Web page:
Why 'culture' is becoming every business's biggest buzzword

If websites like LinkedIn, Glassdoor and Indeed don't say your company is a great place to work, you may be in trouble. Job-seekers are leveraging more bargaining power now that the economy has turned around, rendering companies' cultures as one of their most important features during recruitment, according to Forbes.

Josh Bersin, principal and founder of Bersin by Deloitte and Forbes contributor, said in a recent article companies lacking an attractive culture are struggling with a retention crisis, while companies that focus on culture — such as Google, NetFlix, Zappos, Wegman and Aetna — are becoming icons for job searchers.

"Culture" was the most popular word of 2014, according to Merriam Webster's dictionary. According to Mr. Bersin, many organizations define culture as what people do when no one is watching. More technically, Mr. Bersin defines culture as "the set of behaviors, values, artifacts, reward systems and rituals that make up your organization. You can 'feel' culture when you visit a company, because it is often evident in people's behavior, enthusiasm and the space itself."

Culture is becoming a critical term across businesses and boardrooms because of its systemic impact on organizations, from employee engagement to financial performance. According to Gallup, just 31 percent of employees are engaged at work, while 51 percent are disengaged and 17.5 percent are actively disengaged. There is a lot at stake when the majority of an organization's workforce has mentally resigned.

"As the saying goes, 'culture eats strategy for lunch.' And free lunch is now part of the culture," according to Mr. Bersin.

According to Mr. Bersin, there are five core elements that drive employee engagement.

1. Meaningful work

2. Hands-on management

3. Positive work environment

4. Growth opportunity

5. Trust in leadership

Culture is a unique aspect of every organization. It amounts over time and can be difficult to change, but culture is what allows employees to focus on the organization's purpose and mission, according to Mr. Bersin. If a company's culture is faltering, it is likely that its employees are ready to move on. Companies can identify how to improve their corporate culture by asking themselves the following questions.

1. Do we have the right leaders? Culture is driven by leadership through the way leaders behave and display their values. According to Mr. Bersin's analysis of the Glassdoor database, the factor most highly correlated with an individual's recommendation of their company as a place to work was "quality and trust in leadership." Organizations that focus on the selection and development of leaders across the organization — not just in the C-suite — are more equipped to instill positive values and a strong culture, and importantly, gain the trust of their employees.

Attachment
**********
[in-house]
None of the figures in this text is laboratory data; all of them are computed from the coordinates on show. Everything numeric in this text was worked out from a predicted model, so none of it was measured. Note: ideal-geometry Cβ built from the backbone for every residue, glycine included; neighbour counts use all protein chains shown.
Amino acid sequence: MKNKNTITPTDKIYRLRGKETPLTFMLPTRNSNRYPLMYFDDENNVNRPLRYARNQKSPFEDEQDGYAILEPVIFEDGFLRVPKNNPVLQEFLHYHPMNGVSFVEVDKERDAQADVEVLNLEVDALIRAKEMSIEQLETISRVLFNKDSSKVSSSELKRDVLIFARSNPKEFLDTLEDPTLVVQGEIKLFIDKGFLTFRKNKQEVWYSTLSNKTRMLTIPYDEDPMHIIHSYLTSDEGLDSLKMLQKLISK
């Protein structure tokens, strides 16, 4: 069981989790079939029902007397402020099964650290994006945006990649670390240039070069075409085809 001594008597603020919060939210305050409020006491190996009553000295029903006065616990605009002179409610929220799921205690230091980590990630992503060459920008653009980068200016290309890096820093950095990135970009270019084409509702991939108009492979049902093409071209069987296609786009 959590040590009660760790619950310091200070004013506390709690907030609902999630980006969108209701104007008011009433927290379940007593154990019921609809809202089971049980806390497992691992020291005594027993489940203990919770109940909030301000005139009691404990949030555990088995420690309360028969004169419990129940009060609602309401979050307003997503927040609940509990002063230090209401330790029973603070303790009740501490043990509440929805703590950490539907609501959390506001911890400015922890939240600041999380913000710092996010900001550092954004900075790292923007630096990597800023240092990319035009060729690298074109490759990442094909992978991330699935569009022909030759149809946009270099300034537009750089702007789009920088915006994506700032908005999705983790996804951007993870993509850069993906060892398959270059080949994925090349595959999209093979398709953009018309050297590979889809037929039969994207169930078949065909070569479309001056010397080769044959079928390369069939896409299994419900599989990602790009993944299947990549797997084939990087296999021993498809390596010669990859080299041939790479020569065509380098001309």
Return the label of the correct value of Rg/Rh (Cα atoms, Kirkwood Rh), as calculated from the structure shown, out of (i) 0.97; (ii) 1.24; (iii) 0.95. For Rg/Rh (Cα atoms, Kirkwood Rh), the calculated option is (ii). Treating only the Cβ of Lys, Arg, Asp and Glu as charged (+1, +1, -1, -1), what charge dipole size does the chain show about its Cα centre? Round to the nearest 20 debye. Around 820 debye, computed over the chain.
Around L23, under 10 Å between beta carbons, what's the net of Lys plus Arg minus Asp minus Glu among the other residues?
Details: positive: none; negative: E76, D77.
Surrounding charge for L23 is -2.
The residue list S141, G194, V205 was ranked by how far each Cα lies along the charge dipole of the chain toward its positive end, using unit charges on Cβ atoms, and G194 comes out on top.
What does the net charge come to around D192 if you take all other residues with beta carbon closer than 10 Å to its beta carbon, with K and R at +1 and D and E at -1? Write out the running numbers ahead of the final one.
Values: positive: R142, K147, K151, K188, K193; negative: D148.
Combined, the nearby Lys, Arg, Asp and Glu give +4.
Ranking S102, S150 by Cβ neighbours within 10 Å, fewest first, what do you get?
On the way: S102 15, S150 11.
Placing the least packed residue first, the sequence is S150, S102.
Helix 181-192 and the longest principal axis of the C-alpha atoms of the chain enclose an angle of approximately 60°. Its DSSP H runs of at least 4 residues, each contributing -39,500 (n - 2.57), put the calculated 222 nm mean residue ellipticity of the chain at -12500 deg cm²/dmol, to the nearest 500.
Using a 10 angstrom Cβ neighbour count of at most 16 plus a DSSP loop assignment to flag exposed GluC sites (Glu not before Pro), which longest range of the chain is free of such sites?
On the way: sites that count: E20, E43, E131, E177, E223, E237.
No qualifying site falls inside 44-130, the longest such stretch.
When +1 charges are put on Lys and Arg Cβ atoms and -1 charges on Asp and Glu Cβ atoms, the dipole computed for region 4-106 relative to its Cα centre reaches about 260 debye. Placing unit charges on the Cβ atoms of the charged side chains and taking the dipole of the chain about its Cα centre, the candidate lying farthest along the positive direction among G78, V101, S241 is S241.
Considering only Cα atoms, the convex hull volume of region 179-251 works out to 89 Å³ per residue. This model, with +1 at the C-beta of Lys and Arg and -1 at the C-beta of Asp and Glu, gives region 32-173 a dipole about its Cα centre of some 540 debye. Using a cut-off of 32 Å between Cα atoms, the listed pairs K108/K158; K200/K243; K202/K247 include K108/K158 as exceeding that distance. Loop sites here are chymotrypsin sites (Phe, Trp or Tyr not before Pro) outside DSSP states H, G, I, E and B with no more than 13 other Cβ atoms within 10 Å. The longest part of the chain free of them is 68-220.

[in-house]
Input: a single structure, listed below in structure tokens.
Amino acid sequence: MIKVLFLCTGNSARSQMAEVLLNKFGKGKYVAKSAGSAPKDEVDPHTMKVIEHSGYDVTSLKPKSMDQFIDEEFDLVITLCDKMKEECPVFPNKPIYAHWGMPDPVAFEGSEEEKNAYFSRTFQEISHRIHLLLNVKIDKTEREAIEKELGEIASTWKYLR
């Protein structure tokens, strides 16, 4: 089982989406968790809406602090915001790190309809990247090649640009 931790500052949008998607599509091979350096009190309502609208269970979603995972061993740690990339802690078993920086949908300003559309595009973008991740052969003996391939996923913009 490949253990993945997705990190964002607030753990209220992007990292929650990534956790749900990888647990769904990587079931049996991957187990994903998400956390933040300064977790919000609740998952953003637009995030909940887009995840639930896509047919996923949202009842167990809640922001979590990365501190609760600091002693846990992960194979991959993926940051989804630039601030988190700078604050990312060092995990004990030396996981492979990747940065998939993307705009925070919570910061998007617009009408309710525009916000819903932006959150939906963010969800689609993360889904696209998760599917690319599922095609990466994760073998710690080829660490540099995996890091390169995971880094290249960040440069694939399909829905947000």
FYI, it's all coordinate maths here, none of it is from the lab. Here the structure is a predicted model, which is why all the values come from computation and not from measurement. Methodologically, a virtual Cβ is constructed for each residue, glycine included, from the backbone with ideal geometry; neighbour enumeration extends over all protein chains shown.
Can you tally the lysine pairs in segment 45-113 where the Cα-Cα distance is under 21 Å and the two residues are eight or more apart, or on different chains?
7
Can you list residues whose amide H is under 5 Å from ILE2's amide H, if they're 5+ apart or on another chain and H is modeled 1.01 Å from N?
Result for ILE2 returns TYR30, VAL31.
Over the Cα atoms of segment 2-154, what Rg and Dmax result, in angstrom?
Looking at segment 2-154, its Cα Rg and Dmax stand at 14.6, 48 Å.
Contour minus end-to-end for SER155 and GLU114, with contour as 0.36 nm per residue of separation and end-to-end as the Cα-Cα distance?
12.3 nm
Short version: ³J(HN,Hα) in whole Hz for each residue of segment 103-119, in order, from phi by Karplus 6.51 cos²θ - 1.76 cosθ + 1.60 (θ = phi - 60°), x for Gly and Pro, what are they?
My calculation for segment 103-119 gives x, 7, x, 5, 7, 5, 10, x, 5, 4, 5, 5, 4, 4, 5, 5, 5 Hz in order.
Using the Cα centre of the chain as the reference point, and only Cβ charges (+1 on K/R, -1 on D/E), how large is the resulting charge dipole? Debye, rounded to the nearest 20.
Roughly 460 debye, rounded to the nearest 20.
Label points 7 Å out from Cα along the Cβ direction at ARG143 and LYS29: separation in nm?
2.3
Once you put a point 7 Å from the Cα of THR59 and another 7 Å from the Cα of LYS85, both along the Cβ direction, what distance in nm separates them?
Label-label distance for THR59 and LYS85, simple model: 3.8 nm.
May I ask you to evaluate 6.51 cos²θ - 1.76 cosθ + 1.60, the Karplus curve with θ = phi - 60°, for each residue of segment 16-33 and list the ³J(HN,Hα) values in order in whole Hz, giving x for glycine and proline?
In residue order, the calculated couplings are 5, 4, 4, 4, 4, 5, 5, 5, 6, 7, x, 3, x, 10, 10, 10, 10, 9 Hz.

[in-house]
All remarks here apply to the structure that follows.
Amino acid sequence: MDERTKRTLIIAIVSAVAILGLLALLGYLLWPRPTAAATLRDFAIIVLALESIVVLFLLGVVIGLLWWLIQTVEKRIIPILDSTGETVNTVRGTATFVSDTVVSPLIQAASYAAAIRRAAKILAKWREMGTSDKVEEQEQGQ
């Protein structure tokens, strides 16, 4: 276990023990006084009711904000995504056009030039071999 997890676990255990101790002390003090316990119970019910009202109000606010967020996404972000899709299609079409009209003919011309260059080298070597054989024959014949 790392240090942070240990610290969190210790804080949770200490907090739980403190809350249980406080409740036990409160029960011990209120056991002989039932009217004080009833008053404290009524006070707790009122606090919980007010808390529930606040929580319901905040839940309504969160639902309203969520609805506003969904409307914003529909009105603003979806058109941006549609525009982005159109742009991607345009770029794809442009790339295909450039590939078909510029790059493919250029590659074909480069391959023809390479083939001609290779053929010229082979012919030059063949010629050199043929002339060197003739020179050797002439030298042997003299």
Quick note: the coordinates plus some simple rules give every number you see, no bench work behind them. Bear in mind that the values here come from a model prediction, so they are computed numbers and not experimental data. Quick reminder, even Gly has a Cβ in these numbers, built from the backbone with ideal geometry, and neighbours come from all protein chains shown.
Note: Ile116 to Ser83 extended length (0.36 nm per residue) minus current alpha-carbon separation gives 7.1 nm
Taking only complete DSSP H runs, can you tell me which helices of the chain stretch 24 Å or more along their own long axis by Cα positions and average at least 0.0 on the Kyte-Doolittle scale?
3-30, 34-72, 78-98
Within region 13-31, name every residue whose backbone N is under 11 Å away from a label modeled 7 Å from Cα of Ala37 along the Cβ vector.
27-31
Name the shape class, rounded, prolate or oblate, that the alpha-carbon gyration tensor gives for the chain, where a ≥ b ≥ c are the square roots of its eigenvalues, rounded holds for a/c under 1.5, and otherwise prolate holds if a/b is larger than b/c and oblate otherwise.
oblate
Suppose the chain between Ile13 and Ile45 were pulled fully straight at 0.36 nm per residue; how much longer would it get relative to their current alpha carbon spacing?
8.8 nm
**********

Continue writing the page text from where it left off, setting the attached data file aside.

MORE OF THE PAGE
2. Are we hiring the right candidates? Once culture is established, it is important to hire candidates who will fit in. Even if a candidate possesses the right skills and experience, he or she may not be successful at a company if he or she won't be compatible with the company's culture. Some companies have taken to using screening tools during interviews to determine if candidates are a good match. According to Mr. Bersin, Zappos assesses candidates' "wackiness," and Southwest Airlines asks candidates to tell a joke to see if they will fit in with its culture of fun.

3. Does our performance evaluation system drive empowerment? Many companies are moving away from "forced ranking" and "up or out" systems of performance evaluation, as these can induce anxiety and pressure on employees, which can be a significant detriment to both their attitudes and work performances. According to Mr. Bersin, more than 60 percent of companies indicated in a survey they are changing how they evaluate performance because they want to reinforce empowerment and innovation into their organizations, which adds to a culture of growth and motivation.

4. Are our values and culture too complex? "If you can't write down your values and culture down in a few words, it's probably too complex to understand," According to Mr. Bersin. Many companies have realized this and have taken steps toward "simplifying" their companies. This comes in the form of "decluttering" the workplace — or reducing the volume and activity of messages employees get at work — and simplifying processes to allow employees to spend more time doing what they are trained to do. According to Mr. Bersin, simplification can also help improve the culture of compliance. Citing research by Deloitte Australia, financial service firms that focus on a culture of compliance instead of compliance systems ultimately have better compliance.

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